Did I bond less with daughter number 3 because I let my husband and mother-in-law hold her before I did? No. She and I bonded just fine. I enjoyed watching my mother-in-law’s face light up with joy when she held her for the first time. She didn’t know I hadn’t held her yet and still doesn’t know, that was 17 years ago.

        Am I hurt that my daughter is currently in labor with both families’ first grand child and she and her husband don’t want anyone there at all? Somewhat, but I understand. It’s their right, their choice, their experience, their memories, their child. This exclusion isn’t helpful in bringing together families but rather seems divisive.

        I wholeheartedly agree with you that bonding is a process and happens over time, not in moment of perfect bliss.

  7. I feel like you should acknowledge that sometimes the father shouldn’t be in the room either. Ultimately it is the mother alone who goes through labor and needs AND deserves to have a low stress environment. My ex husband was the biggest stressor durring my births. And due to his selfishness, I compromised with his wishes that it be just the two of us in the room and he left me *entirely* ALONE for 45 minutes of active labor. Had I had my Mom there as I wished, I would have felt safe not abandoned.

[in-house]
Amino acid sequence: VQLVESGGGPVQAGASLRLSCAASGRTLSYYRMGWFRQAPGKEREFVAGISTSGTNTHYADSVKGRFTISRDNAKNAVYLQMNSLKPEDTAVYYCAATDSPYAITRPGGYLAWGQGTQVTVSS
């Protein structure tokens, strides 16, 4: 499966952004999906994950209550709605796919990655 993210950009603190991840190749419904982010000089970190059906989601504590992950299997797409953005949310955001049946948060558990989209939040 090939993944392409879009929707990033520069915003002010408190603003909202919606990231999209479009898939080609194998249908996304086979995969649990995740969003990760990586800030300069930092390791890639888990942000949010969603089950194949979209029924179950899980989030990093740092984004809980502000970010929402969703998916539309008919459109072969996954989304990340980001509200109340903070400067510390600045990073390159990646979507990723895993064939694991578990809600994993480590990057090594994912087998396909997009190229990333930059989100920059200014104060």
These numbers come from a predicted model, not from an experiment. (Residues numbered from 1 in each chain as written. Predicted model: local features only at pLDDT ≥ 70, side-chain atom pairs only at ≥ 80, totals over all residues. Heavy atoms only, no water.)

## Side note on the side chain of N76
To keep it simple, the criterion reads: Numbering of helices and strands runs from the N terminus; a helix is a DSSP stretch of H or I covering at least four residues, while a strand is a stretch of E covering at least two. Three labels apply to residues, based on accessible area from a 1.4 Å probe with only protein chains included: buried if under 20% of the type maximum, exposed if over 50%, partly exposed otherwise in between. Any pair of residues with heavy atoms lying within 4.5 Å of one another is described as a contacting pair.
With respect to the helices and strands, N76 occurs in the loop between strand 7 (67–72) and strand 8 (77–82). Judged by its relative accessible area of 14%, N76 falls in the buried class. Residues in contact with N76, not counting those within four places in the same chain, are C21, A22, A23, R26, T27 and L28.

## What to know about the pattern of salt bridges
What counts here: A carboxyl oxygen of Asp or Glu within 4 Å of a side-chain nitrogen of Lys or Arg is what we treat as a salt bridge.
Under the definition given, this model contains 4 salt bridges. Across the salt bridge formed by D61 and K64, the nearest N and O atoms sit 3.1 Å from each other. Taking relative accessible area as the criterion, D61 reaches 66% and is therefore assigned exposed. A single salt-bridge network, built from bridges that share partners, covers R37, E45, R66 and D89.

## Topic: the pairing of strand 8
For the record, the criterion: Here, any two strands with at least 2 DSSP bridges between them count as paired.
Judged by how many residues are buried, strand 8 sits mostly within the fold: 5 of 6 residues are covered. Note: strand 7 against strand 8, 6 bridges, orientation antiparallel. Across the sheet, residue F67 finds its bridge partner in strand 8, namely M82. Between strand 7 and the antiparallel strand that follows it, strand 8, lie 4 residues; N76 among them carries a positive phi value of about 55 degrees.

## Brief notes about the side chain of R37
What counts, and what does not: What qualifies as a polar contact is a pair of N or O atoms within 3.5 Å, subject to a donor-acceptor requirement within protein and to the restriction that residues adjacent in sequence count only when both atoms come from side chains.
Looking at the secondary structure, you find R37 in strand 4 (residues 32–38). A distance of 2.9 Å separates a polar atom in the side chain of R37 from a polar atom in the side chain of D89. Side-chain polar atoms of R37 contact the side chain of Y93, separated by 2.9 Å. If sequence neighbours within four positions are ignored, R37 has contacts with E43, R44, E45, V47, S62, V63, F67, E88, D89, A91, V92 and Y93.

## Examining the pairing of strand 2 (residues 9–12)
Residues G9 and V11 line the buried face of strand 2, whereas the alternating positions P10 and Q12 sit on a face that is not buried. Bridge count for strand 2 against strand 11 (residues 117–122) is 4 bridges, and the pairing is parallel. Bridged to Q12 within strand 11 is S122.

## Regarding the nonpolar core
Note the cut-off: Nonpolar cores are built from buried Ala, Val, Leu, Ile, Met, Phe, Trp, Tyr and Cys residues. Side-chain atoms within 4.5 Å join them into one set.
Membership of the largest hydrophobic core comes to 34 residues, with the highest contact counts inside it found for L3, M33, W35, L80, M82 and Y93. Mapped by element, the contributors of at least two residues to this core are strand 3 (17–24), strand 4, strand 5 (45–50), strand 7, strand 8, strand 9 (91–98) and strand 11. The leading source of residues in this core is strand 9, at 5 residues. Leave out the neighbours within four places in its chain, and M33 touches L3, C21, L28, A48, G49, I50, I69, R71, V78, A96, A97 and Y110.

8. There’s another side to all this: Imagine being left alone after the birth? Husband goes home a few hours after the birth to take care of older children, no extended family comes to visit and see the baby while in the hospital, all in the name of respecting our privacy. It sucked! I was lonely! Happened all 4 times.

  9. Stacey,
    No matter how you look at it, a woman needs privacy during labor and delivery. So what if she is all alone for a while. The husband should not have left her so quickly anyway. People need to shut up talking about pregnant women wanting privacy. Would you all be screaming at men if they wanted privacy during their penis exam?

  10. Hi,

    I’m pregnant with my first baby and the only person I want in the delivery room is my partner.